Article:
13. Passerby
    January 12, 2012 at 2:17 am

    Don’t cry, don’t cry…*manly tear*

    It is hard enough on a man to know that he has done wrong. But to bear witness to the wrong being continued, indeed expanded, and seeing for yourself the effect must be crushing. You are a better man than many to do what you do, even while being detracted by both sides.

    It’s often said that courage is not the absence of fear, but knowing and still acting regardless. I can only imagine the degree of pain you must experience having to see the aftermath firsthand, and the fact that you refuse to let it silence you, and speak up even louder in its presence, shows a degree of courage and a strength of character far above many.

    As a Soldier and an Atheist, I want to thank you for what you do against those who would abuse our Constitution, and our human rights, for their own theological gain. Thank you.

    • Al Stefanelli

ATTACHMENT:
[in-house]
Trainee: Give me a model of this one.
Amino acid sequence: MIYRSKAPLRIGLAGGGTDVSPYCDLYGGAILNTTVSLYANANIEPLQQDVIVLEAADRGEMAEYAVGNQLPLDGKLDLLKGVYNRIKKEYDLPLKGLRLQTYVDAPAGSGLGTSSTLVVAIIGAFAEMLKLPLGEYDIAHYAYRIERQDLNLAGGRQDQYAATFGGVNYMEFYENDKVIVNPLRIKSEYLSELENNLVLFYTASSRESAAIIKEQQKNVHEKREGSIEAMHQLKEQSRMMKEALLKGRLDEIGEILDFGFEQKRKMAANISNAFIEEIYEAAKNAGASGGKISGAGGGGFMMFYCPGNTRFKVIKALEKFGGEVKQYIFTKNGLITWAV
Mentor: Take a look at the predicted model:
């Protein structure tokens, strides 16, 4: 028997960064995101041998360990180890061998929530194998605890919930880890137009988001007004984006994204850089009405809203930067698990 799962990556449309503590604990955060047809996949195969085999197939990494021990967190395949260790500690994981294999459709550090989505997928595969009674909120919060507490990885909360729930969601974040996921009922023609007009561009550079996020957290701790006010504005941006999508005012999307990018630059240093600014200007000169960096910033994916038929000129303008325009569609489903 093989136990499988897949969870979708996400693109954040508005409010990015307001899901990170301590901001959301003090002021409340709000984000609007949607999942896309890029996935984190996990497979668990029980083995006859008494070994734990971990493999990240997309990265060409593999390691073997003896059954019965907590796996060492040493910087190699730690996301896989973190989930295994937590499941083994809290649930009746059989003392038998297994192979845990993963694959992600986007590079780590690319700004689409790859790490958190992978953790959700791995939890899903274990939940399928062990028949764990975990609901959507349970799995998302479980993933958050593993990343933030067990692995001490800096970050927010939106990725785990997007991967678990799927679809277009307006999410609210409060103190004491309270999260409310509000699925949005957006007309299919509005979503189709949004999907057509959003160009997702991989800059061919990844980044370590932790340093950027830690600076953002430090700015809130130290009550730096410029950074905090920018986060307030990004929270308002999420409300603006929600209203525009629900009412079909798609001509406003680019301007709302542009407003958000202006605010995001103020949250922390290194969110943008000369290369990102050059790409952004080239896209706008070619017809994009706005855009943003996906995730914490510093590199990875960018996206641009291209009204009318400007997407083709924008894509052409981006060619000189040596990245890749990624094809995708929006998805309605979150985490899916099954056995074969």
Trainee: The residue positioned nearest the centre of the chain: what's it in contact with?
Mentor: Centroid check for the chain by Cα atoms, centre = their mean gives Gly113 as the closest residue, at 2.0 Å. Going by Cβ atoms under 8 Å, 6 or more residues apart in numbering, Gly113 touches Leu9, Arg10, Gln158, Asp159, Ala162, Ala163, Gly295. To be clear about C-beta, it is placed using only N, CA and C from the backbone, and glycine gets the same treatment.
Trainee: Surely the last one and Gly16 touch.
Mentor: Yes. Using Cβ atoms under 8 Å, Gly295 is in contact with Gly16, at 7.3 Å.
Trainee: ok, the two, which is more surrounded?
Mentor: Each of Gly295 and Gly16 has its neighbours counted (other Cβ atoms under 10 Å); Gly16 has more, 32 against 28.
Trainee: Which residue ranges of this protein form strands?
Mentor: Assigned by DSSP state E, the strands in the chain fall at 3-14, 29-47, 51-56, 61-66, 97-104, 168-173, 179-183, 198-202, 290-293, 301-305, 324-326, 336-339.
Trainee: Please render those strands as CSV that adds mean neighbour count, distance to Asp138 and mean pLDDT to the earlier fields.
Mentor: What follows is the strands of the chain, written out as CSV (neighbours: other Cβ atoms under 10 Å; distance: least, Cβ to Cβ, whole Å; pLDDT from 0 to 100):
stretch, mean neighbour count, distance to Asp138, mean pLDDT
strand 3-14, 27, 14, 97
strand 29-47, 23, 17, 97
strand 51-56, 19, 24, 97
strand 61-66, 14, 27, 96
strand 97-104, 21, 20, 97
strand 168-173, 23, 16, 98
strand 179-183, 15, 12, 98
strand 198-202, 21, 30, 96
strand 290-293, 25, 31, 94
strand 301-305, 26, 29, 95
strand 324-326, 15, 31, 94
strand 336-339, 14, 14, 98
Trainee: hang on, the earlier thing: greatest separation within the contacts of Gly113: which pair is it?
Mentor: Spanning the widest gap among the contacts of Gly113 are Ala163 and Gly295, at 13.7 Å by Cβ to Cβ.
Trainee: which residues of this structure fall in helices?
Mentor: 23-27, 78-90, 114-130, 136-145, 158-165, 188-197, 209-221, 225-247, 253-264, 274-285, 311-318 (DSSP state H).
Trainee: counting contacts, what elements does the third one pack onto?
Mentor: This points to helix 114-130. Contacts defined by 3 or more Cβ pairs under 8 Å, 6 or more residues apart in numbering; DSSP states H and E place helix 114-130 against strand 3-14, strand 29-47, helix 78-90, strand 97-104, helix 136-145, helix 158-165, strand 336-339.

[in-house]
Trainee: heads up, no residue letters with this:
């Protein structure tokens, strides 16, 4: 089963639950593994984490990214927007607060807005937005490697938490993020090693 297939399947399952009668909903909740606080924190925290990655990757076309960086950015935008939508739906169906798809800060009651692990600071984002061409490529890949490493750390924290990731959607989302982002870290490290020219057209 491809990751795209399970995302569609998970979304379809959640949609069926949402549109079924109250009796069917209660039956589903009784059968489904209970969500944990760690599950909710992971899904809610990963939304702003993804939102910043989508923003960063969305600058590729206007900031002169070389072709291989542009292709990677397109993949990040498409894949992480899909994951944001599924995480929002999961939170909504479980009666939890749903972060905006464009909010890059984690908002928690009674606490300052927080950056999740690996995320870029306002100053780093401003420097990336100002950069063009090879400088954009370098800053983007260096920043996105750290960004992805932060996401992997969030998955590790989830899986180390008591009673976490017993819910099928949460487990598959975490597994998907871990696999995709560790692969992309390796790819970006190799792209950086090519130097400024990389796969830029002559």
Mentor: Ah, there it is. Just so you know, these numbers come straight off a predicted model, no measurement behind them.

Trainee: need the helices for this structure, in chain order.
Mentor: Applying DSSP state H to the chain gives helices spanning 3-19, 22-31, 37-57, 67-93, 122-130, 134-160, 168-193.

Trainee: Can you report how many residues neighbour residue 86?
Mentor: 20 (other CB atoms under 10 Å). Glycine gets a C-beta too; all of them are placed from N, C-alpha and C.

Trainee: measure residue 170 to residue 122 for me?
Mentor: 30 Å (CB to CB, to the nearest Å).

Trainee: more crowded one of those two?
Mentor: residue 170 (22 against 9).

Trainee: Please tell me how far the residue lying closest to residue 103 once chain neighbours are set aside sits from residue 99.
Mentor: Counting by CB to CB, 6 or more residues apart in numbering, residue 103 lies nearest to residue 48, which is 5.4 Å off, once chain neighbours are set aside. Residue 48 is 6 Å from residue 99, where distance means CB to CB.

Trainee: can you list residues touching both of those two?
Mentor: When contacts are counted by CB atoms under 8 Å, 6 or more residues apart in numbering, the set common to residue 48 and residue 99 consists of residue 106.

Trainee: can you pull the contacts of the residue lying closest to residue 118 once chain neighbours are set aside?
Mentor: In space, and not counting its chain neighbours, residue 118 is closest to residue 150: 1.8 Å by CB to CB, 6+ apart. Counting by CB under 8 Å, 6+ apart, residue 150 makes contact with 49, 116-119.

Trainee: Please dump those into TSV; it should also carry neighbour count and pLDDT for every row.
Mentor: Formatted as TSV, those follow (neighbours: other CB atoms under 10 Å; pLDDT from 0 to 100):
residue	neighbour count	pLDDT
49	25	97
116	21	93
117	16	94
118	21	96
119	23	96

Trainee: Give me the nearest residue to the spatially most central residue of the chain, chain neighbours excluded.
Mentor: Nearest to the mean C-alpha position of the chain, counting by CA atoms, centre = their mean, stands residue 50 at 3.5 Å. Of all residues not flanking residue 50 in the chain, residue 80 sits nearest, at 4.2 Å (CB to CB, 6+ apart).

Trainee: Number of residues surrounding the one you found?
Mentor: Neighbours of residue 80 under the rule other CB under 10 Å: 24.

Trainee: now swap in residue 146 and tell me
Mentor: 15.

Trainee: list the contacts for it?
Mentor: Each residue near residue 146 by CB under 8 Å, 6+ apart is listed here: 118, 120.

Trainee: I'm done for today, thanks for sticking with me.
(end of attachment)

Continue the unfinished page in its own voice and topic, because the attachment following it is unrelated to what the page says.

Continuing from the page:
January 12, 2012 at 2:49 am

      Thank you, I appreciate your understanding and your comments. They mean a lot to me. From one old soldier, please accept my thanks and sincerest gratitude for your service.

  14. Colin
    January 12, 2012 at 4:58 am

    Thanks for this Al. I was wondering whether a book of recollections (a sort of “how I poisoned everything”) might not have some impact, coming straight from the horse’s mouth, so to speak. I realise that such a collaborative project giving real examples from many ex ministers of religion would be personally difficult but it could be worth considering. It might be redemptive, providing atonement through personal testimony of the harm caused by religion and would strike nearer the bone that stories of inquisitions past.